Before 90 ce the Roman garrison in Britain was reduced by the transfer of the 2nd Legion to Pannonia, a country south and west of the Danube. About this time Strathmore was evacuated, and the whole of Scotland was abandoned early in the 2nd century, probably in connection with Trajan’s conquest of Dacia in central Europe. Early in Hadrian’s reign the Britons were in revolt, and the 9th Legion faded from history. In 122 Hadrian came to Britain, brought the 6th Legion to replace the 9th, and introduced the frontier policy of his age. For 73 miles (118 km), from the Tyne estuary to the Solway Firth (more exactly from Wallsend to Bowness), he built a continuous rampart known as Hadrian’s Wall. There were outposts in the west to the north of it and some detached forts, milecastles, and towers guarding the Cumberland coast beyond its west end. His title as builder of the wall is proved by both literature and inscriptions. The meaning of the scheme is equally certain. It was to be a wall (comparable with the Great Wall of China) marking the definite limit of the Roman world.
The actual defensive works were constructed in layers. First was the stone wall—10 feet (3 metres) thick in the east, 6–8 feet (1.8–2.4 metres) thick elsewhere, and originally 15 feet (4.6 metres) high to the rampart walk. The wall was supplemented with a deep ditch in front (i.e., on the northward side) and regularly spaced milecastles and towers (two to a mile) attached to it for patrols, together with 16 forts for the fighting garrison, all connected by a road behind it. On the high moors between Chollerford, Northumberland, and Gilsland, Cumberland, its traces are still plain, as it climbs from hill to hill and winds along precipices. In the west the wall was at first of turf but was gradually replaced in stone, on the same line except for two miles at Birdoswald near Gilsland.
To the south of the wall was the vallum, a broad flat-bottomed ditch out of which the earth was cast up on either side into regular and continuous mounds, 100 feet (30 metres) apart from crest to crest. It was intended to serve as a rearward obstacle delimiting the military zone. When the reoccupation of Scotland led to the temporary dismantling of milecastles, the ditch was breached by having a series of causeways laid across it, at 15-yard (14-metre) intervals. It is further clear that, before the vallum existed, the earliest forts associated with the wall lay behind it (i.e., to the south of it), on the Stanegate Road, at such points as Corbridge, Chesterholm (Vindolanda), Haltwhistle Bum, Throp, Nether Denton, Boothby Castle Hill, Old Church Brampton, and Carlisle. The Hadrianic scheme thus reached final form only after numerous changes of plan. Under Lucius Septimius Severus many elements in the tower system were given up, and the outpost forts, hitherto existing only in the west at Bewcastle, Netherby, and Birrens, were extended to the east at Risingham (Habitancum) and High Rochester, both on Dere Street.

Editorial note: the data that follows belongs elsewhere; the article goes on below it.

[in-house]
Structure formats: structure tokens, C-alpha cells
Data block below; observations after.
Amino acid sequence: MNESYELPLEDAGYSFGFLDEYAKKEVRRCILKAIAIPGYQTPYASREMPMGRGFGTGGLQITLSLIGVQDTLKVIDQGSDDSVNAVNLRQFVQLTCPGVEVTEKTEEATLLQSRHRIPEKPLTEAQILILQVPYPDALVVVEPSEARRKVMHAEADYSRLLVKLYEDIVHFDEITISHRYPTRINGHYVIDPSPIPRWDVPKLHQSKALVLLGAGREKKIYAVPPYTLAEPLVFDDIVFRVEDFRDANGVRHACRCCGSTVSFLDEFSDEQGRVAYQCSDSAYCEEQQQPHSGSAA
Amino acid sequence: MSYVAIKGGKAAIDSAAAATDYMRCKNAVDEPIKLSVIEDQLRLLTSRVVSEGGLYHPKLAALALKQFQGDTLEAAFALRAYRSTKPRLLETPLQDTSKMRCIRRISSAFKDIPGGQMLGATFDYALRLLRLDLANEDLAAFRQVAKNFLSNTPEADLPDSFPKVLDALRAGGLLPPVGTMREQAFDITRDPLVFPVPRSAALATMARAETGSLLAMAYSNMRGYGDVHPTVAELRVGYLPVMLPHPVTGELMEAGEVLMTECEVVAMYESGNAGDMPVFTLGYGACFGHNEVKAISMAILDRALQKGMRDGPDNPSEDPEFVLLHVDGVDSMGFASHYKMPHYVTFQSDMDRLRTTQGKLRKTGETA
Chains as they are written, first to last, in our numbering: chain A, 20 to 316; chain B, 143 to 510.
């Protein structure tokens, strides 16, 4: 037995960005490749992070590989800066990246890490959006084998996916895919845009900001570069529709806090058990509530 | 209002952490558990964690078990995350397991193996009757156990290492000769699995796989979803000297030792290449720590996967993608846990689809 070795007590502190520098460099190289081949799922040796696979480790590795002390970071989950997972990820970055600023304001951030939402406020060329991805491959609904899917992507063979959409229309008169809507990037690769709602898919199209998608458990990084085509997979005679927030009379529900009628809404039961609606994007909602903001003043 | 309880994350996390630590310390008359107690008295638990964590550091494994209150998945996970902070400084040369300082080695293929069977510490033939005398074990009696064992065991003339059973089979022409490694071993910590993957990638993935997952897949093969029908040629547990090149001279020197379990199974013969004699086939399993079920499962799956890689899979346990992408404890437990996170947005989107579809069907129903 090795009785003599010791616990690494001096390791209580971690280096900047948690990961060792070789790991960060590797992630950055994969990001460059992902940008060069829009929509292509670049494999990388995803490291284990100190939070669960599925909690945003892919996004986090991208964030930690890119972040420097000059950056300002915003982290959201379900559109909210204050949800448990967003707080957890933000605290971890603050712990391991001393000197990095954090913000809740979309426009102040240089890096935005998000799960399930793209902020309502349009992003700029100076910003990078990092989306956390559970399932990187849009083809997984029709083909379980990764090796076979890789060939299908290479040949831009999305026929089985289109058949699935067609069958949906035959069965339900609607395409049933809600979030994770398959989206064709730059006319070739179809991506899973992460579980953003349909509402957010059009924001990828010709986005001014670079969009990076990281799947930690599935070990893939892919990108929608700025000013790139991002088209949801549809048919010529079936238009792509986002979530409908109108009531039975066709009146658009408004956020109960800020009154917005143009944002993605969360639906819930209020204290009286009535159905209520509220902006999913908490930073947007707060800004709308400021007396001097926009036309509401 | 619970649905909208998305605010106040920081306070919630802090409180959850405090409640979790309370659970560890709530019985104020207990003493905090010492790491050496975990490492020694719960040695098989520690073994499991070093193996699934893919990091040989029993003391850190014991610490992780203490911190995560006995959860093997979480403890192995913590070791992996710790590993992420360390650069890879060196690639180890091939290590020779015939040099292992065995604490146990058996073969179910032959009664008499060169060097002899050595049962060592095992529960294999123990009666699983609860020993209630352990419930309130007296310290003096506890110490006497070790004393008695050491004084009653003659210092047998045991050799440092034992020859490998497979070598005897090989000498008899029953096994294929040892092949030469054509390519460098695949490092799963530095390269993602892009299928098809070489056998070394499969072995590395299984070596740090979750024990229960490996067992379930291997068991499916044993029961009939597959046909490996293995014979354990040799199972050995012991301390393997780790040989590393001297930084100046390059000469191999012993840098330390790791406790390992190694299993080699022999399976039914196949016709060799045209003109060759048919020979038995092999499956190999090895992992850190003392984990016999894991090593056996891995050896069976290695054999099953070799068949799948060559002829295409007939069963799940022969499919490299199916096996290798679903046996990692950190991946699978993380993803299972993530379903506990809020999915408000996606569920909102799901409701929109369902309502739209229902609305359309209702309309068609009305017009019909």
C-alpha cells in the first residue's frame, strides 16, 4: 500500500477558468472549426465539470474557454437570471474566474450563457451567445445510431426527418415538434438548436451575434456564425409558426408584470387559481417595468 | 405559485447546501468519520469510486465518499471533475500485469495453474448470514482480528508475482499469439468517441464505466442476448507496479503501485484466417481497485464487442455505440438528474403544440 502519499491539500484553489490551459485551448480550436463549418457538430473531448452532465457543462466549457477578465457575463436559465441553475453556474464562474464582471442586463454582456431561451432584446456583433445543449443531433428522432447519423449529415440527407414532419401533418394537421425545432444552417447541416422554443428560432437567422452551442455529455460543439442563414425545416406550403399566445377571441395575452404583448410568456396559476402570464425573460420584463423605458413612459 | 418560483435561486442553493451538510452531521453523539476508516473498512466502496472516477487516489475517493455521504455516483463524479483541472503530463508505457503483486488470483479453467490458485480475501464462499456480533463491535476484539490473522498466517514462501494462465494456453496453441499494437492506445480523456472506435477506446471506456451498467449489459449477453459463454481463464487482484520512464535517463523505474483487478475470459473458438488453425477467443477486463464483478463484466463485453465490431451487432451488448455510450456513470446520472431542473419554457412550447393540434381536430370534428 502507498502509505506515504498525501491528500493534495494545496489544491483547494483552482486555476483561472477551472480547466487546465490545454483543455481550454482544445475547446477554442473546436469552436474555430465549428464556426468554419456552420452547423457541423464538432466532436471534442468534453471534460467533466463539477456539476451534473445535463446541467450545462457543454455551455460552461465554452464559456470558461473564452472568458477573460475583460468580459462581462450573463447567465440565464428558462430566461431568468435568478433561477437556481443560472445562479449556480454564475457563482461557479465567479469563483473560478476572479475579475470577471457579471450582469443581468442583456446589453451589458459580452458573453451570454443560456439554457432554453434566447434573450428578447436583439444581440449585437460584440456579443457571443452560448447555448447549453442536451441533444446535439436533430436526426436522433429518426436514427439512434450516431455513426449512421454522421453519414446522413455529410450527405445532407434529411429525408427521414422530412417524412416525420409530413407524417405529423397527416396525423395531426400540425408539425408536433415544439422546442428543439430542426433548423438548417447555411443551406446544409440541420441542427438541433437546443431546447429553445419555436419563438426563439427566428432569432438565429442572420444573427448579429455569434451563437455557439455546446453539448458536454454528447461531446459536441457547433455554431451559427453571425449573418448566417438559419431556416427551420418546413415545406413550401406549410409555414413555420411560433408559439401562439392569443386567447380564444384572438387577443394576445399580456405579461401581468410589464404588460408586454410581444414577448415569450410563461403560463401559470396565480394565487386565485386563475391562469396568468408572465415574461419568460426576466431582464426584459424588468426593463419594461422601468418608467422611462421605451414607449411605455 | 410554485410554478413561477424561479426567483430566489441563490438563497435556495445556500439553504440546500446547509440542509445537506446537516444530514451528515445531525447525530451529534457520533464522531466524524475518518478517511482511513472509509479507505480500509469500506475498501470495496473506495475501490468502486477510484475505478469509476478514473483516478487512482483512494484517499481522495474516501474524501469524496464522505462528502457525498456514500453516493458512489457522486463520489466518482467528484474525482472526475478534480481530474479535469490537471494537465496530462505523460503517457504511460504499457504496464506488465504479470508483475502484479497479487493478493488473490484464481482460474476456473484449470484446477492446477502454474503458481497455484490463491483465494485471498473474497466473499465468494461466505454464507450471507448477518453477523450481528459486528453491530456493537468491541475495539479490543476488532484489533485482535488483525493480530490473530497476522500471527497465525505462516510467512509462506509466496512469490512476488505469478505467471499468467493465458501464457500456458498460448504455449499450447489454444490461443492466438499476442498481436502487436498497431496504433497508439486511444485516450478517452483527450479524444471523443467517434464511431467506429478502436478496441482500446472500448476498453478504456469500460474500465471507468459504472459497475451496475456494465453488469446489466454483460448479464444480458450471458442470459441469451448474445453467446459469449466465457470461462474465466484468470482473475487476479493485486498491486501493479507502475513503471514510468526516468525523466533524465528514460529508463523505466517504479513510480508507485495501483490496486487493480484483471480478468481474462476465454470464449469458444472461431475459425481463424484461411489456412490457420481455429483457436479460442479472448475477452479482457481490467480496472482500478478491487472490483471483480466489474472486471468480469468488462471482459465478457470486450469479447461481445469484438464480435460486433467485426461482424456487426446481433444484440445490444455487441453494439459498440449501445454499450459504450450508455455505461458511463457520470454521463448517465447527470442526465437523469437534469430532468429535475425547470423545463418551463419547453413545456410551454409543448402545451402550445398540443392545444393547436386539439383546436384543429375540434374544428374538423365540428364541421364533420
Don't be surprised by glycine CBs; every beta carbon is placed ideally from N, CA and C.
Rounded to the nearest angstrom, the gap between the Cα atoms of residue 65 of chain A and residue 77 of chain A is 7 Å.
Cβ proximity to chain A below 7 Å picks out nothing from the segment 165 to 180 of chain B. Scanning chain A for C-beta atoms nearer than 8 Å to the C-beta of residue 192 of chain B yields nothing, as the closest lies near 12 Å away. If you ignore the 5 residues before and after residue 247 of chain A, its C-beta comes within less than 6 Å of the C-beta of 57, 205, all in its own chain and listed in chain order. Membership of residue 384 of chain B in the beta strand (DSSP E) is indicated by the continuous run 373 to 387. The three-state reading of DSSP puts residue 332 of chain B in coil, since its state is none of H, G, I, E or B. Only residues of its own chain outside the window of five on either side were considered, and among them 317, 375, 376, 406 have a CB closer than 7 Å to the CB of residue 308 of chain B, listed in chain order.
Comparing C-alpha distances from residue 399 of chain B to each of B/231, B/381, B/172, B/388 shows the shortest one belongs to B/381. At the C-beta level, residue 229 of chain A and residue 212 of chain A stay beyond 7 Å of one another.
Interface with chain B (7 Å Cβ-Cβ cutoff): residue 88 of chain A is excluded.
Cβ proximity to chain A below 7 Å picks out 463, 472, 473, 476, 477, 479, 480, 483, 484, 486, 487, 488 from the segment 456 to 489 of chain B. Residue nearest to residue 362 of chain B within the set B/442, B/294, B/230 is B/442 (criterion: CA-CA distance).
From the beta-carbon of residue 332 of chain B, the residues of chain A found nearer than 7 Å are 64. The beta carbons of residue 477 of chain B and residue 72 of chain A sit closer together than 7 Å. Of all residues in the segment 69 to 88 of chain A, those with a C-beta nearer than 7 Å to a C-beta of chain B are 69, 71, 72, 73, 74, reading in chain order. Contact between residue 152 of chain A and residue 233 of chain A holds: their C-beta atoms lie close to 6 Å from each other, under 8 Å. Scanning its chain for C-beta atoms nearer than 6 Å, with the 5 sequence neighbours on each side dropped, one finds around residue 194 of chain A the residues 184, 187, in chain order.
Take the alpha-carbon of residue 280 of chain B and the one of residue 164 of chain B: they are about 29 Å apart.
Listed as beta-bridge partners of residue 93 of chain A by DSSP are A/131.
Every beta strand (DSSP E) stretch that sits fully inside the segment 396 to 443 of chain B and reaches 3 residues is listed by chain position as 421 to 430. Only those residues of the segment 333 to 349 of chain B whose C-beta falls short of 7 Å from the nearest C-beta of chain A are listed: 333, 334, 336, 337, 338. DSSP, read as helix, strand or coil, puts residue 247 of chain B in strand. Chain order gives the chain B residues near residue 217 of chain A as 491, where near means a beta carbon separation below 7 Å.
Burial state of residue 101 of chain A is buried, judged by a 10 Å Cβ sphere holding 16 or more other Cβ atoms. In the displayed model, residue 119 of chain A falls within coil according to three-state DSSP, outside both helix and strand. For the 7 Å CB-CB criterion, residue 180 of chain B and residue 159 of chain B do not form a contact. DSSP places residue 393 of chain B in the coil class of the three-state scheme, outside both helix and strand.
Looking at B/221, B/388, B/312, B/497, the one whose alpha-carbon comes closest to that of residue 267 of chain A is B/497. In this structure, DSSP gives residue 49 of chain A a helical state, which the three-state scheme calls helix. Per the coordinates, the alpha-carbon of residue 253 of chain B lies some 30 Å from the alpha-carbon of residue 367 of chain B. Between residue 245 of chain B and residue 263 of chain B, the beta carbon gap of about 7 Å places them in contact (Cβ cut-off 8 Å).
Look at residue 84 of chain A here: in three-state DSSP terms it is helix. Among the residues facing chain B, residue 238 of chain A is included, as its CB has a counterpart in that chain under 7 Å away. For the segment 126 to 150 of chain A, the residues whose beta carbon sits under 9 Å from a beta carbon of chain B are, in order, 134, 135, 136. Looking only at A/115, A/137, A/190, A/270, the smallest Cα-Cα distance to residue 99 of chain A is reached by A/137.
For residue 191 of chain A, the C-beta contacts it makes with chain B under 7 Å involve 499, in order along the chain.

Whether the land beyond Hadrian’s Wall became temptingly peaceful or remained in vexing disorder, in 139 Hadrian’s successor, Antoninus Pius, acting through his general Lollius Urbicus, made a change and was preparing to advance to the narrower isthmus between the Forth and Clyde rivers 36 miles (58 km) across, which Agricola had fortified before him. There in 142 Antoninus erected a turf wall (the so-called Antonine Wall) fronted by a large ditch, with 16 forts attached to it, and a rearward connecting road. In the central sector the work still survives, in varying preservation. Occasionally, as on Croy Hill (near Kilsyth) or at Bonnybridge (near Falkirk), the complete works—wall, ditch, and road—can be distinctly traced, while the sites of many forts (some revealed by aerial photography) can be plainly seen by practiced eyes.
Several forts have been excavated. In each case the barracks rooms were of wood, and the headquarters buildings, granaries, commandant’s house and the baths of stone. In size the forts range from just over one acre to just under seven. The defenses differ. Balmuildy, Dunbartonshire, and Castlecary, Stirlingshire, were walled with stone, whereas the ramparts of Old Kilpatrick and Barr Hill, Dunbartonshire, and of Rough Castle, Stirlingshire, were of sod. The walls of Mumrills, Stirlingshire, were made of clay. Besides the 16 forts on the wall, there were outposts at Camelon, Ardoch, Strageath, Carpow, and Bertha along the natural route which runs by Stirling and Perth to Strathmore. On the Firth of Forth, Cramond and Inveresk forts guarded the flank, while the Clyde was watched by a fort at Bishopton near Paisley and by minor posts. The new frontier was reached from the south by two roads. One, known in medieval times as Dere Street, ran northwest from Corbridge on Tyne (Corstopitum) through forts at Risingham, High Rochester, Cappuck, Newstead near Melrose, Inveresk, and Cramond to the eastern end of the Wall. The second, starting from Carlisle, ran to Birrens near Ecclefechan, Dumfriesshire, and thence by Tassiesholm and Crawford in Lanarkshire to Inveresk in Midlothian, with branches to Carzield in the valley of Nithsdale, Dumfriesshire, and to Carstairs in Clydesdale, Lanarkshire, and so to the west end of the wall. A fort at Lyne near Peebles suggests the existence of an intermediate link between them. There is nothing to suggest that the erection of the wall of Antoninus Pius meant the complete abandonment of the wall of Hadrian. At first the latter was held by a garrison in forts only, but later both barriers were fully held together, and the district between them was regarded as a military area.